Let’s think about anger. I believe that anger finds its root in feelings of helplessness or powerlessness. In our grief over a significant loss, we often question “why”. “Why did my loved one have to die? Why does my life have to be one of suffering and sorrow? Why is this happening to ME?”
We feel anger because there are often no obvious answers to such questions, although many people try to suggest some with their clichés. But what has happened does not seem fair.
Life is not always fair. Harold Kushner stated “why is not so much a question as a cry of pain.” When we are powerless to do anything to change the finality what has happened, finding more questions than answers, our response may be one of anger. Anger is most often a protest against any loss. The rage and resentment we feel is because we can do nothing to control or change the situation. This explains why we become irritable with friends and family: they cannot give us what we want most, the return of what or who we have lost.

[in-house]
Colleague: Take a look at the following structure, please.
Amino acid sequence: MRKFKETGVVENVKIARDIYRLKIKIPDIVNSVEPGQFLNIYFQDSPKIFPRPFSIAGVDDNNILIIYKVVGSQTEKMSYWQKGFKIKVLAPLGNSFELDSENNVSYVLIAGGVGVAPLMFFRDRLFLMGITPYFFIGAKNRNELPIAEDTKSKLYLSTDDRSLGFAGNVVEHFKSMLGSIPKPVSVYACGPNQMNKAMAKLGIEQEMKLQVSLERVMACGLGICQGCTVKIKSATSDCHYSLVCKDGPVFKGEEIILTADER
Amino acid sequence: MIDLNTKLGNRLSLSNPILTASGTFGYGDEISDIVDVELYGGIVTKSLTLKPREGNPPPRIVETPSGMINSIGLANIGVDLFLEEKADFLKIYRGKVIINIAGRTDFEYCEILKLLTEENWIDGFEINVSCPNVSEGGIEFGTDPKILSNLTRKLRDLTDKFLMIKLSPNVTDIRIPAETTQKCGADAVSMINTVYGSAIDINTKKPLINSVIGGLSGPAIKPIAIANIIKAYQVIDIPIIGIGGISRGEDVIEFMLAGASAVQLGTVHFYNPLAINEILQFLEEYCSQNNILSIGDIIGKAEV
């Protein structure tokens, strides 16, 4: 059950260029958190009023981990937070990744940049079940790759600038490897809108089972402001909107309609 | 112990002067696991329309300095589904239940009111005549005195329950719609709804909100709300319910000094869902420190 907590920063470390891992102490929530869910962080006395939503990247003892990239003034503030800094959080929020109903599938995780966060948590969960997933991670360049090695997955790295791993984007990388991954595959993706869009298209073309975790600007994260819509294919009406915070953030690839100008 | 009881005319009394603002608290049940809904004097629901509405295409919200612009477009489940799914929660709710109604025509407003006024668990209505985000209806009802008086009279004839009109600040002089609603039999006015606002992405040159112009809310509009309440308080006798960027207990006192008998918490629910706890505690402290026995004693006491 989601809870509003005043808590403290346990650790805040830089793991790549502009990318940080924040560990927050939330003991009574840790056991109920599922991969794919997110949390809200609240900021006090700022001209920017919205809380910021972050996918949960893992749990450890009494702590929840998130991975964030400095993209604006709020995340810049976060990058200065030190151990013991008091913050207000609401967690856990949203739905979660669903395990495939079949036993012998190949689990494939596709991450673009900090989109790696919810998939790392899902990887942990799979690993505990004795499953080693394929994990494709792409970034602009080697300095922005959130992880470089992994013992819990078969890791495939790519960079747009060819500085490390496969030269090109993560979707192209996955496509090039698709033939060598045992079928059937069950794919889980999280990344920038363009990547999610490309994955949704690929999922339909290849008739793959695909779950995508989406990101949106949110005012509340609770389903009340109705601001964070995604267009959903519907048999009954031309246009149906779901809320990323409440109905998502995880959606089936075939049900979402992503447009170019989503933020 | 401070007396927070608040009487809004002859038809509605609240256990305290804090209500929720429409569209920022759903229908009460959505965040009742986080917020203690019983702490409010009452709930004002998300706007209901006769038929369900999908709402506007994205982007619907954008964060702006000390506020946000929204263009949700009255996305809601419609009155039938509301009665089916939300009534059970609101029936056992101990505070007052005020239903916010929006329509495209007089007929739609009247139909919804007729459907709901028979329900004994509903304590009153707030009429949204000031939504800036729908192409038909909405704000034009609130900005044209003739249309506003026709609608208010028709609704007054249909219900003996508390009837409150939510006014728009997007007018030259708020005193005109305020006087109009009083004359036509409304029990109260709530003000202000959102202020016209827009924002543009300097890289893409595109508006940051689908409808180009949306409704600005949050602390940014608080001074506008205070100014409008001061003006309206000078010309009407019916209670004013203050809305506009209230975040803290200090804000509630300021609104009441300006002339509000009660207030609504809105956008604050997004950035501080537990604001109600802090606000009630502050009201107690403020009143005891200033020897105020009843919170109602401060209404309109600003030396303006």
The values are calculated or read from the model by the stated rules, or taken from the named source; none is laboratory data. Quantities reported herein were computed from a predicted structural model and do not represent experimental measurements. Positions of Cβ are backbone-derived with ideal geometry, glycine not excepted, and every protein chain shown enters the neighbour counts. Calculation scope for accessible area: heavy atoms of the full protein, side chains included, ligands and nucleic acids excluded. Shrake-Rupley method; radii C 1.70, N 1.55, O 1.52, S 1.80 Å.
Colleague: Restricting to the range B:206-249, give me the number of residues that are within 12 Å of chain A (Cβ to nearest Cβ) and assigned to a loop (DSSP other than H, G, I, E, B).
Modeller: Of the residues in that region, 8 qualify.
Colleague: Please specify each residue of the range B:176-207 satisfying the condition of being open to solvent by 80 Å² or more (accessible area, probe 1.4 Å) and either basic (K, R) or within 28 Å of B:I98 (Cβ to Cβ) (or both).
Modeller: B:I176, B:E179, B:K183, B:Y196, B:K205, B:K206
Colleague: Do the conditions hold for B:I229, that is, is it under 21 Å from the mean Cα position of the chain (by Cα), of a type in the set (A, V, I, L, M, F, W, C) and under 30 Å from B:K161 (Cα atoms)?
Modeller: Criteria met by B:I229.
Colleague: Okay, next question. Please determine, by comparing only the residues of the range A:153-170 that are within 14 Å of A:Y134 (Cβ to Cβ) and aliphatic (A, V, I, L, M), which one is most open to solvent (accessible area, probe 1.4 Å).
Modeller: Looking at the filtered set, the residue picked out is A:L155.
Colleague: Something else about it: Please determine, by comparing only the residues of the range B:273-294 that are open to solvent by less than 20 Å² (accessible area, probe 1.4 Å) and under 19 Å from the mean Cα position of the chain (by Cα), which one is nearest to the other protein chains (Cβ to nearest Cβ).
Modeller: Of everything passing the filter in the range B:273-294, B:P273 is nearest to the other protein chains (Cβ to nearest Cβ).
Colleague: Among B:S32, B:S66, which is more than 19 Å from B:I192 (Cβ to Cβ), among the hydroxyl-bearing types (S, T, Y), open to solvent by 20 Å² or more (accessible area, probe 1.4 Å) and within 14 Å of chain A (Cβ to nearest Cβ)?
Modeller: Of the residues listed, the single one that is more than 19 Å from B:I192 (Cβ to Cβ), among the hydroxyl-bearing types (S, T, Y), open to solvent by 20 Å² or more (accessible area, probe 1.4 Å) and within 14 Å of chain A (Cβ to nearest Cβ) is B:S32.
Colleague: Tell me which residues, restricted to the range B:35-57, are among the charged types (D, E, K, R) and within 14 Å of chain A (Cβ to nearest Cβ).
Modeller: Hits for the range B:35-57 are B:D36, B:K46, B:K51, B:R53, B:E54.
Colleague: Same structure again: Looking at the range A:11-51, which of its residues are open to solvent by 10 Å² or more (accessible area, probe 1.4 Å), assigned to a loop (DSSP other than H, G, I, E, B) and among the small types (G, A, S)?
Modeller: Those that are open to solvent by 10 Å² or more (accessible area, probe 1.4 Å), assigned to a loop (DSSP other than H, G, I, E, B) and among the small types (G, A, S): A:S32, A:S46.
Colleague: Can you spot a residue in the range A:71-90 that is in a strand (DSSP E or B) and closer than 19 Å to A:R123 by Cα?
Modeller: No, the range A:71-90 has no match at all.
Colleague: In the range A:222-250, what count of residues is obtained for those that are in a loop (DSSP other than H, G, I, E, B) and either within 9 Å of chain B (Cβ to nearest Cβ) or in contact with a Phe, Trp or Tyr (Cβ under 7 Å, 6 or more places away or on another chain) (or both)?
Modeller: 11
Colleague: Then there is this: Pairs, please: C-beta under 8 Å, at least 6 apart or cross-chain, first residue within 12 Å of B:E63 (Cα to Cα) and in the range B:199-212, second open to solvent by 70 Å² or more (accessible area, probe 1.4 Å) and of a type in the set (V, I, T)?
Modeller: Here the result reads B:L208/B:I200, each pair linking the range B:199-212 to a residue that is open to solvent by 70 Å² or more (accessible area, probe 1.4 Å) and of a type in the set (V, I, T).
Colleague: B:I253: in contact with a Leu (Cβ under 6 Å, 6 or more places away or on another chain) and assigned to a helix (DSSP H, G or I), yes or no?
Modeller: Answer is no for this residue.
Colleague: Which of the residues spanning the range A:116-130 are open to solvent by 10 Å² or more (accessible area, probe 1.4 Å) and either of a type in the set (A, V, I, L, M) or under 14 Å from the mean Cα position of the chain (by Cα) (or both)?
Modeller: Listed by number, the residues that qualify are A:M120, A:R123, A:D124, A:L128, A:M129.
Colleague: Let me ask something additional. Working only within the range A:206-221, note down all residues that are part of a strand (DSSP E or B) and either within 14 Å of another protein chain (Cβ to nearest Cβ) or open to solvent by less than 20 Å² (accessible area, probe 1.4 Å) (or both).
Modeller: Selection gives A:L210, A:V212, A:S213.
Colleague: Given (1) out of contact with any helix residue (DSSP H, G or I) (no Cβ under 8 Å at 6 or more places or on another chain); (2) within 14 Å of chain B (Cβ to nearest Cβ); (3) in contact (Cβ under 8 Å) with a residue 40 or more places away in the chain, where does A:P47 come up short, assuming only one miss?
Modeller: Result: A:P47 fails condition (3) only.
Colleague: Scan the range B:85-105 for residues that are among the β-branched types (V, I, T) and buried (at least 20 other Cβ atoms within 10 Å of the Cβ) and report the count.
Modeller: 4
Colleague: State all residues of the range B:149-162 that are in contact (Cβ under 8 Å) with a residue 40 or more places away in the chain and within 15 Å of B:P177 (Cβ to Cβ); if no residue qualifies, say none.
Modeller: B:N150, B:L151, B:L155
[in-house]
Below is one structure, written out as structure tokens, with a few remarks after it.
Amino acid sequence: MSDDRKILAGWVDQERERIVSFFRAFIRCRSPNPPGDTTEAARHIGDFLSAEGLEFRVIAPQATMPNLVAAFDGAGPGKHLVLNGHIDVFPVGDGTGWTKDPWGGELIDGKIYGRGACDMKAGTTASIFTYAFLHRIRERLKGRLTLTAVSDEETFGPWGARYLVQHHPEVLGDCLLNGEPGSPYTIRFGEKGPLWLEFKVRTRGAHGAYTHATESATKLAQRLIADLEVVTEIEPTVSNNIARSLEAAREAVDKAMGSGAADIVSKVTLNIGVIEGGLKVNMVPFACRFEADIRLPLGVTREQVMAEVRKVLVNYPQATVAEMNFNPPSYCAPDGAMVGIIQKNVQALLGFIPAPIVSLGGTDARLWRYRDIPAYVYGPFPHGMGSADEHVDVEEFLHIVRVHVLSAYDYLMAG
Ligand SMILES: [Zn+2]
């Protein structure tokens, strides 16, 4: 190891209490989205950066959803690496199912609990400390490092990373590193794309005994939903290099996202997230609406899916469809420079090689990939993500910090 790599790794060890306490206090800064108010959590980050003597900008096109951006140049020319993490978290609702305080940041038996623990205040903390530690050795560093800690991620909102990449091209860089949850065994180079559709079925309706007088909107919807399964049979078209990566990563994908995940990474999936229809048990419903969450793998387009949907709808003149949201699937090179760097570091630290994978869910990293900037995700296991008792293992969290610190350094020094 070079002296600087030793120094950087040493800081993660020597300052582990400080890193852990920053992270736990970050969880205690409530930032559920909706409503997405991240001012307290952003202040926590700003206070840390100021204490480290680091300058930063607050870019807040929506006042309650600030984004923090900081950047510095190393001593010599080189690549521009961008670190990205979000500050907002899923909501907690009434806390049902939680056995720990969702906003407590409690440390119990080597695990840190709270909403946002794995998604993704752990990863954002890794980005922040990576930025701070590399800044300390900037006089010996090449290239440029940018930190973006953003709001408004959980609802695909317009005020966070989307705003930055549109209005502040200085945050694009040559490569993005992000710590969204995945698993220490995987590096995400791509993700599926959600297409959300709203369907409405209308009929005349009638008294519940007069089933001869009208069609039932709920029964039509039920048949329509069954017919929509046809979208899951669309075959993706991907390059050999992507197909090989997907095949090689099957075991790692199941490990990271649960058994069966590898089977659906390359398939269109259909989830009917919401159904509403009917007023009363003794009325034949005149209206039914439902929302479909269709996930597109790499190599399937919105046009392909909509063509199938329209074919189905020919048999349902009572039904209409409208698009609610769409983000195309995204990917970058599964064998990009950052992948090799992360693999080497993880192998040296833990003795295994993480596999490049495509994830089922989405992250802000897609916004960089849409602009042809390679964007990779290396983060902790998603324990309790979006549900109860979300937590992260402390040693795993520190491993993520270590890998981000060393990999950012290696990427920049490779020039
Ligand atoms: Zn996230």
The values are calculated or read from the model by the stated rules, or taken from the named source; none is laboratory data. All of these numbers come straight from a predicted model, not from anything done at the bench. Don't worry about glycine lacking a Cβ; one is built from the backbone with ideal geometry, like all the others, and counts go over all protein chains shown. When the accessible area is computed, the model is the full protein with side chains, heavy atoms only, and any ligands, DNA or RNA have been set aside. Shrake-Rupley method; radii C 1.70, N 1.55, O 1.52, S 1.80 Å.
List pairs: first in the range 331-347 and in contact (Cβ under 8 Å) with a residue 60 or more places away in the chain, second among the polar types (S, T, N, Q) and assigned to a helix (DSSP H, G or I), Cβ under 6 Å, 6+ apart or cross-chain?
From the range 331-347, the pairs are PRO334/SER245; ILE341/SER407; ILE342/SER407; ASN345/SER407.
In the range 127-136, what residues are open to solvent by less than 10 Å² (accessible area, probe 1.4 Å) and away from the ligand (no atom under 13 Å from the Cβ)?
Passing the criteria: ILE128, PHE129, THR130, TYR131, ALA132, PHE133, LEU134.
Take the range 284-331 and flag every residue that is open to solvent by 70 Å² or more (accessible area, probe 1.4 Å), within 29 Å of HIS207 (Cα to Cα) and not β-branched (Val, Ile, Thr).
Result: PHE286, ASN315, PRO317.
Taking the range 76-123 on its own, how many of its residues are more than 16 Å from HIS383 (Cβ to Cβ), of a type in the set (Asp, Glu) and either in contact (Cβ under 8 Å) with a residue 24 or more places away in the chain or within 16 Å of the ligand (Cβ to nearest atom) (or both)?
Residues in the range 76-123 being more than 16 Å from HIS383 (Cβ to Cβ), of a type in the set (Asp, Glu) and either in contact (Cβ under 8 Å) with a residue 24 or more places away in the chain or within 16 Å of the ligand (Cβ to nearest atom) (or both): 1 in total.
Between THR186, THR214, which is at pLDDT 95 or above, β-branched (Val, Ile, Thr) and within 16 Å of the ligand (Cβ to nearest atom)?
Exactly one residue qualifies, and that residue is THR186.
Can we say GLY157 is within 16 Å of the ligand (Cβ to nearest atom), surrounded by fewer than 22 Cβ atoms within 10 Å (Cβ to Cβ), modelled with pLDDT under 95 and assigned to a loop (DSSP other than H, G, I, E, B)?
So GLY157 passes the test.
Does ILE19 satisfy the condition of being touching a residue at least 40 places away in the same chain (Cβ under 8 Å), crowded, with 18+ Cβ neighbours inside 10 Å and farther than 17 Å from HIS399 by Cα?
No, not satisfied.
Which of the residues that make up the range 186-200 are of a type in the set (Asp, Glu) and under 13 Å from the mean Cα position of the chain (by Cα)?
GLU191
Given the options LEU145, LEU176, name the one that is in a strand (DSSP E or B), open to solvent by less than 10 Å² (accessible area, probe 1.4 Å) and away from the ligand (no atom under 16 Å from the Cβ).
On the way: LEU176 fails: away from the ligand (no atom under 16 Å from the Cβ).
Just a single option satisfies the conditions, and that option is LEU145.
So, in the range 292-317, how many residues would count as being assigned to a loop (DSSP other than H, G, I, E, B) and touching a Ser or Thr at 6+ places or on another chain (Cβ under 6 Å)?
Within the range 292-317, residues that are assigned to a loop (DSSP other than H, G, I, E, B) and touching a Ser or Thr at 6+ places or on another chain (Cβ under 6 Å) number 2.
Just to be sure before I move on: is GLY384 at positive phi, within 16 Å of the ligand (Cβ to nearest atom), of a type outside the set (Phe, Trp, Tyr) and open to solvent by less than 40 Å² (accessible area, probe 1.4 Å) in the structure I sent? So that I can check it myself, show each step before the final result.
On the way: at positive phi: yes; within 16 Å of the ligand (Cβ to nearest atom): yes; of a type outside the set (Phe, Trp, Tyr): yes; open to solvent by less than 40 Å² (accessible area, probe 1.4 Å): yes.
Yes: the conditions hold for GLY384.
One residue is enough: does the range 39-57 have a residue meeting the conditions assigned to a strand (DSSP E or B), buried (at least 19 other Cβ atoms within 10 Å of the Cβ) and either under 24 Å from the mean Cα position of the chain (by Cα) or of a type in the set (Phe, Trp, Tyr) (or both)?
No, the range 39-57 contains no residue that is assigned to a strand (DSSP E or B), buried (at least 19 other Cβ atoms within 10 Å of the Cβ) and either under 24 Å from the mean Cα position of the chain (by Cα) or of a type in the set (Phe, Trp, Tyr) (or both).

The greatest problem with anger is that it tends to be transferred to the wrong people. Be careful. Recognize the real source of your anger. You are angry because you have been left. You have every right to feel angry, but make sure you focus the anger in the right direction in order not to hurt yourself or others.
Anger is normal and does needs to be expressed. But here a word a caution is in order: healthy anger involves more than merely “letting it out”. Simply venting our anger and letting off steam can actually lead to a more deeply entrenched anger. Anger needs to be focused on helping us gain a sense of personal control over the situation. Thus, anger channeled into determination has the constructive purpose of helping us choose what we will do in the situation.
If you can choose love instead of anger, why not? One good reason is because it takes more energy to be angry than it does to love.
As Jimi Hendrix once wrote, “When the power of love overcomes the love of power the world will know peace.”